Droughts aren’t just a natural phenomenon. Humans’ land and water use patterns affect how dry spells play out, according to a recent study co-authored by a University of Nebraska-Lincoln climatologist and other international experts.
“This is important because how we understand the problem drives what we do about it,” said Mark Svoboda, climatologist at the National Drought Mitigation Center based UNL. Svoboda is a co-author of the research, which appeared in Nature Geoscience.
“We produce drought-monitoring maps, but that’s the easy part,” Svoboda said. “The harder question is, now that you know how dry it is, what are you going to do about it?”
The newly published article acknowledges that climate is no longer the only driver of the hydrologic cycle, in which water comes down as rain or snow, and goes up as evaporation. Irrigating crops and lawns, land use and urban sprawl, and storing water behind dams or piping it hundreds of miles are just some of the ways that human activities speed up, slow down or alter the course of water’s flow.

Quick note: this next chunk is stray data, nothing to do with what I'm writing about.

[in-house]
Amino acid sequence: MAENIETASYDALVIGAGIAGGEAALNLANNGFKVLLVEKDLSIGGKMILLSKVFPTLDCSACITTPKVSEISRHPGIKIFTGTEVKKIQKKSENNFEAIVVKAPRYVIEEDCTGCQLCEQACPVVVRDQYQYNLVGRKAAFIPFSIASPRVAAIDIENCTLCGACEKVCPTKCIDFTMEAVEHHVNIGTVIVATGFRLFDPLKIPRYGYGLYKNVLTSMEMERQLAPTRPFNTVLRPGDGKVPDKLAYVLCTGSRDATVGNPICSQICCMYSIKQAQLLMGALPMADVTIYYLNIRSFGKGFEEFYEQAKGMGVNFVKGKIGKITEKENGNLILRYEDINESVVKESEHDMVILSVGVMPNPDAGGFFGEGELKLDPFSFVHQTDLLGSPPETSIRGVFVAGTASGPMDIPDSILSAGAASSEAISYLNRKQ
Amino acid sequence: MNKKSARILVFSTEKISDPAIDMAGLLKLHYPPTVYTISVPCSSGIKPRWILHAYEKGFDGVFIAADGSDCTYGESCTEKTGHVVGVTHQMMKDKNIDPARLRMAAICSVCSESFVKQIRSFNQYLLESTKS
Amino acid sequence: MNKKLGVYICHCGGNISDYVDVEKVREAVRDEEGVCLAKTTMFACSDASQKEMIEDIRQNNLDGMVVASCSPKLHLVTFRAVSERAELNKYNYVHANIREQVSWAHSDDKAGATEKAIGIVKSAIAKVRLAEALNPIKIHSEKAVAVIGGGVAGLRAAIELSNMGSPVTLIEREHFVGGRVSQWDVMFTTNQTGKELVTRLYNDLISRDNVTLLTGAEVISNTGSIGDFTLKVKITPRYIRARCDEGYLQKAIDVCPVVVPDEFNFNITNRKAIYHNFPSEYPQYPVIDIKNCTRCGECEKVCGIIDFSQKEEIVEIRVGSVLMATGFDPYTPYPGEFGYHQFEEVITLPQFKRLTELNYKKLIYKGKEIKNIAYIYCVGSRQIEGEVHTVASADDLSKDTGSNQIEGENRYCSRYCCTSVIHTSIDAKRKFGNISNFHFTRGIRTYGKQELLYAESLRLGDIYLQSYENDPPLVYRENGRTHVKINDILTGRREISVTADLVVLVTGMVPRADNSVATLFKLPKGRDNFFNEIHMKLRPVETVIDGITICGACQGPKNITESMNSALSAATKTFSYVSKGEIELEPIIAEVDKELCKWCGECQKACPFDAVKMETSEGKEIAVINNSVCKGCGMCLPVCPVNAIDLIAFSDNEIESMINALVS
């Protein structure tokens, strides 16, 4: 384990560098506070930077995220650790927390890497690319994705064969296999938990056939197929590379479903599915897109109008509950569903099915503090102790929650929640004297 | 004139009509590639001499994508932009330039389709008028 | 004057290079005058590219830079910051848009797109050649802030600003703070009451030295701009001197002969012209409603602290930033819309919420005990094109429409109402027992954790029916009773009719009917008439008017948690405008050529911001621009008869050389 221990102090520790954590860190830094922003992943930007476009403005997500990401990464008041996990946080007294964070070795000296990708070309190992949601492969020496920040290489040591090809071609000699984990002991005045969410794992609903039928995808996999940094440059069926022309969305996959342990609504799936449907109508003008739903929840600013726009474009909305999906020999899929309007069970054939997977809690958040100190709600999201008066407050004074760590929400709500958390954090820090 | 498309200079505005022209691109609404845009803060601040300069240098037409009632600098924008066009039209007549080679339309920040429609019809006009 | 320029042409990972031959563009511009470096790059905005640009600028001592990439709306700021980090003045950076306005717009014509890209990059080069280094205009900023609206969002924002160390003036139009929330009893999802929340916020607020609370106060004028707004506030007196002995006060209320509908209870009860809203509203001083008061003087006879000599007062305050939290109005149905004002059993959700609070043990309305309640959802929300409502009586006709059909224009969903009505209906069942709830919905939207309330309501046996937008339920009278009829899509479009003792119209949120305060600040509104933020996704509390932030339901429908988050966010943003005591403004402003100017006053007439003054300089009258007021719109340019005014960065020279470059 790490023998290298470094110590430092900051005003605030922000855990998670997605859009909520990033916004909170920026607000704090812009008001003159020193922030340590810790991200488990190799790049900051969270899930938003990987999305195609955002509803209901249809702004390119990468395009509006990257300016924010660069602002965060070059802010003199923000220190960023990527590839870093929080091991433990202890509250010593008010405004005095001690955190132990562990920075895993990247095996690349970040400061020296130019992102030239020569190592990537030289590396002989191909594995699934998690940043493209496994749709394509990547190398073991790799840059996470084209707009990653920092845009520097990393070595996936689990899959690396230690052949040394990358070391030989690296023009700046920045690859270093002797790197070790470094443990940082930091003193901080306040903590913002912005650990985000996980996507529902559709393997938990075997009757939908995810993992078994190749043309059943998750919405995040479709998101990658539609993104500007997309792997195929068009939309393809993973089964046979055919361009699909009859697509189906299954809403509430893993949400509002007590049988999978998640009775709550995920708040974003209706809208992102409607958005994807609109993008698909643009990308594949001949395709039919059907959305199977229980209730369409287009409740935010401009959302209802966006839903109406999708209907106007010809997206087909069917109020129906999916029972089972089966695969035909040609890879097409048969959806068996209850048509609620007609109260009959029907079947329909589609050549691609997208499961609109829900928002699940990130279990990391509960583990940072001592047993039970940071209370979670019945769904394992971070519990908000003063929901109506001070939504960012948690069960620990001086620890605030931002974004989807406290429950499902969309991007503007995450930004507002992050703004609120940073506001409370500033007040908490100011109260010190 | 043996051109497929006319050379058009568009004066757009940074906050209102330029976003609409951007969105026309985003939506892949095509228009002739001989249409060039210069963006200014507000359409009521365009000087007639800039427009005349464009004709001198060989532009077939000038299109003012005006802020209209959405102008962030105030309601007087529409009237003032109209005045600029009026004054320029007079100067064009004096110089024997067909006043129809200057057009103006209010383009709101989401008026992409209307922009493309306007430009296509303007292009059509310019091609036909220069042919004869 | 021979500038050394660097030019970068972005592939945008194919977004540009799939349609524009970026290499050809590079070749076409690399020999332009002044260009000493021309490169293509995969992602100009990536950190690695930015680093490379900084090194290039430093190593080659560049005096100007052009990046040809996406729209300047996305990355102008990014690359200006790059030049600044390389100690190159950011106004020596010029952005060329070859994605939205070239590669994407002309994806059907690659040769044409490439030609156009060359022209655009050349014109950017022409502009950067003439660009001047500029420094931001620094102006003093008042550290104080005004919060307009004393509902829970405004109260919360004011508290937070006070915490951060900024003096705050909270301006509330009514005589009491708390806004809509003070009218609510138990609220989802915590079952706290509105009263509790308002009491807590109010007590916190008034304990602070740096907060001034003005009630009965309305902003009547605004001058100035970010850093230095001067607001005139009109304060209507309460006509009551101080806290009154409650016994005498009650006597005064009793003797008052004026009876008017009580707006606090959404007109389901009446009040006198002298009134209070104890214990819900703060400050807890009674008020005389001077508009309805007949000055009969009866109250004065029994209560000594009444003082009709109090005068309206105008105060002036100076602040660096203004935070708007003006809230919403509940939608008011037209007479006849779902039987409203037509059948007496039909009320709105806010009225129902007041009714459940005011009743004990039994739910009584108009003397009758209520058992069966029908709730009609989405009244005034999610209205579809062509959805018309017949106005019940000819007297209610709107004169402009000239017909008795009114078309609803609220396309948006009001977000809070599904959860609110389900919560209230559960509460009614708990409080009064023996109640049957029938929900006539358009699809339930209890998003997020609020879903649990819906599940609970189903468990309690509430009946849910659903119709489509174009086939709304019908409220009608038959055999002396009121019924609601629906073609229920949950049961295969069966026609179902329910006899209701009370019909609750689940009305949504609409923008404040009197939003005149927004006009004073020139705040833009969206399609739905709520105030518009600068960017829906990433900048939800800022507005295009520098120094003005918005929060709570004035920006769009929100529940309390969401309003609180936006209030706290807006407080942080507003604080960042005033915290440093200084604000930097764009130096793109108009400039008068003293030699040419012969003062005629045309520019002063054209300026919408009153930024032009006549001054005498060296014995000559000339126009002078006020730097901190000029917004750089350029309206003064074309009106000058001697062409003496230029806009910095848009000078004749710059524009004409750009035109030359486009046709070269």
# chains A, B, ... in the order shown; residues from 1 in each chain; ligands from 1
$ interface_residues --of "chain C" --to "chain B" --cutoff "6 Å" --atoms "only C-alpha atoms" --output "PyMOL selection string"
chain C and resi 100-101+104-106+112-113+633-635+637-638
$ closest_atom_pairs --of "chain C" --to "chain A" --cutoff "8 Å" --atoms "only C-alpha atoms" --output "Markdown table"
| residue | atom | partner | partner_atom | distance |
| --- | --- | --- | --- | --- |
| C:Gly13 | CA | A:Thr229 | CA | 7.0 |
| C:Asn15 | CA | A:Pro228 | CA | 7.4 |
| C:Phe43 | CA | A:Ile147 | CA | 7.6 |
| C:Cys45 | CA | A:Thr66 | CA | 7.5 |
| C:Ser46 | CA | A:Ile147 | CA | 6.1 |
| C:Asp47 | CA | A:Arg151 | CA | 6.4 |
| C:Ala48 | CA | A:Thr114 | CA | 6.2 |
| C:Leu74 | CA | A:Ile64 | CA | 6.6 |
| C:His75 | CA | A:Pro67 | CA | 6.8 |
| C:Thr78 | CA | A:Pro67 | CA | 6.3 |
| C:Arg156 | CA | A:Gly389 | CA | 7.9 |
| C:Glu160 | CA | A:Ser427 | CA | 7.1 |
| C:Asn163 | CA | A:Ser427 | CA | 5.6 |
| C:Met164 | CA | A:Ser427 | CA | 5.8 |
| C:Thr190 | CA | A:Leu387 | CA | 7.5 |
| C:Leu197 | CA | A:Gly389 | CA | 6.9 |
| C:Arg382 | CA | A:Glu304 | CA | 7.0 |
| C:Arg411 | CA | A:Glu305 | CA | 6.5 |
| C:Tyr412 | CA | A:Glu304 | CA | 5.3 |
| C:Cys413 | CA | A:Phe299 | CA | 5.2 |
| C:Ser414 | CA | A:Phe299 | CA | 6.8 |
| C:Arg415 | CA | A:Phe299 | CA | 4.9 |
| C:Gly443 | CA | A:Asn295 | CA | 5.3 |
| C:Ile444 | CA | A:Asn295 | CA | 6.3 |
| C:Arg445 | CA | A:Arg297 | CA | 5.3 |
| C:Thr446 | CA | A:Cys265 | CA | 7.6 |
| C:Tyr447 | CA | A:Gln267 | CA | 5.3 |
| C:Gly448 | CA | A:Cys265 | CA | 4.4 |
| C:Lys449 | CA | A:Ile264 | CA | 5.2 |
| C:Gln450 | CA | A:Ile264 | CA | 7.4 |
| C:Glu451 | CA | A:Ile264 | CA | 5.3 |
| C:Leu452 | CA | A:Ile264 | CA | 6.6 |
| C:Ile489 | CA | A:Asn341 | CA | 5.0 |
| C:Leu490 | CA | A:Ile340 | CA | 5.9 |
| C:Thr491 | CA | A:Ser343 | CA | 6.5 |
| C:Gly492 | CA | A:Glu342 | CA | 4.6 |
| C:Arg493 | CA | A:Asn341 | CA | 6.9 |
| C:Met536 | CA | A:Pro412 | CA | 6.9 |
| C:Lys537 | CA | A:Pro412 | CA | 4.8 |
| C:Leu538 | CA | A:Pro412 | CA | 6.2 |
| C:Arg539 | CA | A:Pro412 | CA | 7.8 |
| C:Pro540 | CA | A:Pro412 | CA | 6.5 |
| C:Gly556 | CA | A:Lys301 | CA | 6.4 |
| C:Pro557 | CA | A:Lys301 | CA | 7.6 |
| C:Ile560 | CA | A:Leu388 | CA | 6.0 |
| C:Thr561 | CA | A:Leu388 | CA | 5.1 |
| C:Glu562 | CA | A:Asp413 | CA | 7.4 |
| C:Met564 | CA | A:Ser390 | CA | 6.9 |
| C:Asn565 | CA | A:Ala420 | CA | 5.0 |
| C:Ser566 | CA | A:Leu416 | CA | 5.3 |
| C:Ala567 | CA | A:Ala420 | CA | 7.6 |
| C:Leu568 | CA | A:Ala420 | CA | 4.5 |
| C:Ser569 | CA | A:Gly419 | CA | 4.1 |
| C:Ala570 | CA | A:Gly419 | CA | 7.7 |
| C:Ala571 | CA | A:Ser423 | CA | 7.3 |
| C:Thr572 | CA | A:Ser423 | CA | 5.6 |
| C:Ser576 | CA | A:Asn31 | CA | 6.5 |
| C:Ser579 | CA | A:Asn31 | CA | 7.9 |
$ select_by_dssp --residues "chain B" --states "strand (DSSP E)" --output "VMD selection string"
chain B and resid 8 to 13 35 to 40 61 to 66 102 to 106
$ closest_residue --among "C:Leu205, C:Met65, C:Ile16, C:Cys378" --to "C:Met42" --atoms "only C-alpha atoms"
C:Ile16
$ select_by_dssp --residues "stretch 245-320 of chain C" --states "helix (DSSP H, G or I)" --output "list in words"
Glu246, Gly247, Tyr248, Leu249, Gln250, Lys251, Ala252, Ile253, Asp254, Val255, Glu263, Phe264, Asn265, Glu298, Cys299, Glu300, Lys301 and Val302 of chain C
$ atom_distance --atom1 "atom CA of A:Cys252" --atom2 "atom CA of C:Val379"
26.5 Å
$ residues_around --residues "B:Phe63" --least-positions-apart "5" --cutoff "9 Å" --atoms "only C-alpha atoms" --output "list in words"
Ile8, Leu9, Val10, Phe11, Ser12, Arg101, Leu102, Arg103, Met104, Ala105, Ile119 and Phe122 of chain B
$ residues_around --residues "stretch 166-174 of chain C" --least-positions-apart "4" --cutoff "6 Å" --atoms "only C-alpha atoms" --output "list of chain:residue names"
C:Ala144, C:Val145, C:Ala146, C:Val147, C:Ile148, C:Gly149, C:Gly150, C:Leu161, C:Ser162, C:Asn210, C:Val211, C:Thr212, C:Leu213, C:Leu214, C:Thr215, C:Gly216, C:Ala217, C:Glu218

The article calls for research into how natural events, such as lack of rain, affect human systems, and how human systems affect natural events.
This type of research is challenging, Svoboda said, because traditional academic and professional disciplines tend to focus either on physical systems or on social systems, but not both. The team of scientists from Europe, North America and Australia who authored the study also suggests that the definition of drought be broadened to include human-induced drought and human-modified drought.
Though drought monitoring maps are some of its best-known products, the National Drought Mitigation Center was established in 1995 to help convey the idea that people can and should take action ahead of time to reduce their exposure to drought. The center has collaborated and consulted with scientists and policy makers around the world and across the United States to implement drought monitoring and reduce vulnerability to drought.